Landscape Architecture Alumna Wins ASLA Award of Excellence

Though easily forgotten and often misunderstood, the infrastructures of wastewater treatment are closely tied to our everyday lives.

Bridget Ayers Looby (M.L.A. ’16) explores this relationship in her capstone project Invisible Works: A public introduction to the dynamic life of wastewater treatment for which she was awarded the American Society of Landscape Architects’ (ASLA) highly coveted Student Award of Excellence in the category of general design. Selected from 295 entries representing 52 schools, ASLA’s student awards honor the top work of landscape architecture students in the U.S. and around the world. In this interview Ayers Looby talks about her project, and what’s next for her research.

How would you explain your research to individuals outside of your field?
“The main idea is to bring the public realm into the public works. We use wastewater treatment infrastructure nearly every hour of every day (that’s every flush, every turn of the faucet); it supports the metabolism of the modern city and it makes our lives within those cities possible. Yet we don’t really know where these systems are or how they work. In order for us to really value this infrastructure and make sure it will be supported and resilient in future climatic and/or political conditions, we need to first understand it in a personal, experiential, and ultimately fun way.”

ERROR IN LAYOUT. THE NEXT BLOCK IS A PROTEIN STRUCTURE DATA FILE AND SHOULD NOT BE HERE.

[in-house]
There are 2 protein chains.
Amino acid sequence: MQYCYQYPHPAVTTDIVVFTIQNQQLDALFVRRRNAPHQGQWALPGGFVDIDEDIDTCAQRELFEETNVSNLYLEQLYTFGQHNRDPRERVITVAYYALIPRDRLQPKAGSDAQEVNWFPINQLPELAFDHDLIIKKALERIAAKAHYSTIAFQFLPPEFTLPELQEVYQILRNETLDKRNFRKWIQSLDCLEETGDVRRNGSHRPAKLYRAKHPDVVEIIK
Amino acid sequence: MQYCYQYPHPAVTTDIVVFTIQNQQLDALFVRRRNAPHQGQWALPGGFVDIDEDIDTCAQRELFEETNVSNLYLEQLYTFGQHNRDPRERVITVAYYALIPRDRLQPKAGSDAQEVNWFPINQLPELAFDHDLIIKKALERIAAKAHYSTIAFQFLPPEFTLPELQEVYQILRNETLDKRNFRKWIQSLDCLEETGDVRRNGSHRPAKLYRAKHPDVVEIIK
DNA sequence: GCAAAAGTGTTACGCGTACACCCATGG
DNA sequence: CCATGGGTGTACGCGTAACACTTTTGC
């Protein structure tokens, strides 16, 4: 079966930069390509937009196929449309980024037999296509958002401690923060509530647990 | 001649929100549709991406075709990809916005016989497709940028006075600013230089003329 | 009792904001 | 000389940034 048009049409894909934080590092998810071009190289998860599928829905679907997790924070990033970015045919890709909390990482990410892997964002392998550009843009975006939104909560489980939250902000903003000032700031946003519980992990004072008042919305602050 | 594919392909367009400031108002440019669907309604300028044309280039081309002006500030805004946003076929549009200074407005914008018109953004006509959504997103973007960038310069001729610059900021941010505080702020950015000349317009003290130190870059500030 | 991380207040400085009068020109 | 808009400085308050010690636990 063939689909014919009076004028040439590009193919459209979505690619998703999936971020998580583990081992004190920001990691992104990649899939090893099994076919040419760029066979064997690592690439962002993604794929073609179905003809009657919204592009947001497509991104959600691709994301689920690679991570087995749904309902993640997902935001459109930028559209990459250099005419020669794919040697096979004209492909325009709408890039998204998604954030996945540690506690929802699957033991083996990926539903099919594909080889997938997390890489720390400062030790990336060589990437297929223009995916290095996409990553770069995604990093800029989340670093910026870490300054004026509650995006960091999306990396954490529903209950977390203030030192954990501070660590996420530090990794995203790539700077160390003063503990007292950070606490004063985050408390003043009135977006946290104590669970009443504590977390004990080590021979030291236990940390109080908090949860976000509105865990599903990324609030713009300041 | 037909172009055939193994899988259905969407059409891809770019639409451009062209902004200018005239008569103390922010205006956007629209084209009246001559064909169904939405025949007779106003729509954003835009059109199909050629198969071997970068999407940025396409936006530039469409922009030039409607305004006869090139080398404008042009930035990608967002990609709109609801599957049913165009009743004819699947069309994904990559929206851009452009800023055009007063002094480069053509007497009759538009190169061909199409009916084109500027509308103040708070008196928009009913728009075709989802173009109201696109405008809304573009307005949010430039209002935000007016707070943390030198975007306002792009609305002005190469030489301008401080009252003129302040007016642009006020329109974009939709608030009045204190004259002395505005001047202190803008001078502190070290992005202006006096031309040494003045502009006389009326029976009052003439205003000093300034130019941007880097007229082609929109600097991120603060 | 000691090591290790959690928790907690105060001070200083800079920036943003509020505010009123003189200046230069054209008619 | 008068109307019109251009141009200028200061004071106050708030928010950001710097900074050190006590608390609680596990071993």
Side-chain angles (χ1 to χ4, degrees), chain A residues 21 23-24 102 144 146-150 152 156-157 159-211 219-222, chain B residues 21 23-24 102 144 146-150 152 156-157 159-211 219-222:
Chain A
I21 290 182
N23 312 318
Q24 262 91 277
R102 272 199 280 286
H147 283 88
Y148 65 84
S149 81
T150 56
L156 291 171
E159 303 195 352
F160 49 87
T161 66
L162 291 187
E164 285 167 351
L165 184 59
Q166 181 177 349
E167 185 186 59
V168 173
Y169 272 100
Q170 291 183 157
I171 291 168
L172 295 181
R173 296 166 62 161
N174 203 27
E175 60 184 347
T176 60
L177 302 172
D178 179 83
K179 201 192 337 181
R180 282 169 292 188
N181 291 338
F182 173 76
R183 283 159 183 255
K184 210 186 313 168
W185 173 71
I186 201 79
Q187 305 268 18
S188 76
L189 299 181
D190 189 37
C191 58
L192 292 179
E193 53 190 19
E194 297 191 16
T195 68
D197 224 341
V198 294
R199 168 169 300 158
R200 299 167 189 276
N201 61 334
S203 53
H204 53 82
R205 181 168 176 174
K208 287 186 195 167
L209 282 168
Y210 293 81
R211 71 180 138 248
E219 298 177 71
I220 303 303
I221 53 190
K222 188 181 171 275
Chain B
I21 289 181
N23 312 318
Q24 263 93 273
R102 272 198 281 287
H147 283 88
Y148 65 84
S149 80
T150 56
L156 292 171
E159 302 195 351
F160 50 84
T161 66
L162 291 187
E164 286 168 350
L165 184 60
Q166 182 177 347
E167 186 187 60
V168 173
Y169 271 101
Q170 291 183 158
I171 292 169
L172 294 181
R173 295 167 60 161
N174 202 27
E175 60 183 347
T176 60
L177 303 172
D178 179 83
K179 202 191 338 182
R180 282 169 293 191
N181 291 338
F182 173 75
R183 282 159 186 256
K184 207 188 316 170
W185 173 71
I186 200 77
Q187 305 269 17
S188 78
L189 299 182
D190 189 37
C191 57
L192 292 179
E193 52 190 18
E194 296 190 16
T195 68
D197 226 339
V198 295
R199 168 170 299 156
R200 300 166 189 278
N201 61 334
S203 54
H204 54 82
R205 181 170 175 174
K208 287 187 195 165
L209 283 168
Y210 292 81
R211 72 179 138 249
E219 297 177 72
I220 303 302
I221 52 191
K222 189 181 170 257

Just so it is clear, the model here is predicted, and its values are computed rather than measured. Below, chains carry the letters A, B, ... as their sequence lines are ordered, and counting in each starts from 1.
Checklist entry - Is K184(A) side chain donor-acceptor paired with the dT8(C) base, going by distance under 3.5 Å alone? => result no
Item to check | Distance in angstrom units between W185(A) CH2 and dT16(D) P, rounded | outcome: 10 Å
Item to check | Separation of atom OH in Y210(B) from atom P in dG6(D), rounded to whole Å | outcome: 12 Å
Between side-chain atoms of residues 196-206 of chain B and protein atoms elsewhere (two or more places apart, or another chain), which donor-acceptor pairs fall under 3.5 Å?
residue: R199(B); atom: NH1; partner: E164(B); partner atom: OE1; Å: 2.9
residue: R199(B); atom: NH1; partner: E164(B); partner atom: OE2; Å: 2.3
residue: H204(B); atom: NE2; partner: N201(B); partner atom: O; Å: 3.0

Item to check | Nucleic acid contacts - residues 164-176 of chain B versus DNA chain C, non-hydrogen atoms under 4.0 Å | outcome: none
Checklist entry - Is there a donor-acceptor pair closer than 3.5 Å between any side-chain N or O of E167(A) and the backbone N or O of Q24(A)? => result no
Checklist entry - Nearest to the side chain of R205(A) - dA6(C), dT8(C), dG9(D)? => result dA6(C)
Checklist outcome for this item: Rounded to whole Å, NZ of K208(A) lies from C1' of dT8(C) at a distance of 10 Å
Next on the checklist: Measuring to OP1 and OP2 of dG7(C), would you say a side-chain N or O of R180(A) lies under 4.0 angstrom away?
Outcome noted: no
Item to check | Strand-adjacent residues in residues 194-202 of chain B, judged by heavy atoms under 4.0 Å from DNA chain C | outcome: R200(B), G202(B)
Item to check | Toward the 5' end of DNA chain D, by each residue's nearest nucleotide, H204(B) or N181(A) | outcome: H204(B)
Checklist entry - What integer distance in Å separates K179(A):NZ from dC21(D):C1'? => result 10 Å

Invisible Works

Where do you plan to take your research next?
“One area that I have been pushing forward in the last year is a deeper dive into the unintended byproducts of odor treatment. Specifically, in what ways might a surplus of mushrooms and mycelium be used? I recently completed an internal Perkins+Will innovation incubator grant focused on answering that question. The project, Tactical Mycelium, focuses on mushroom mycelium as ephemeral building material and how it could be deployed within a tactical urbanist approach. The final book and video can be found here. In terms of wastewater treatment and Invisible Works, I would love to bring some of these ideas to the Metropolitan Council and see where they might lead!”

What’s one thing you wish the public knew about wastewater infrastructure?
“It’s fascinating, and honestly, it’s extremely beautiful! Seeing this is the first step in rethinking the relationship we have with our infrastructure.”Invisible Works

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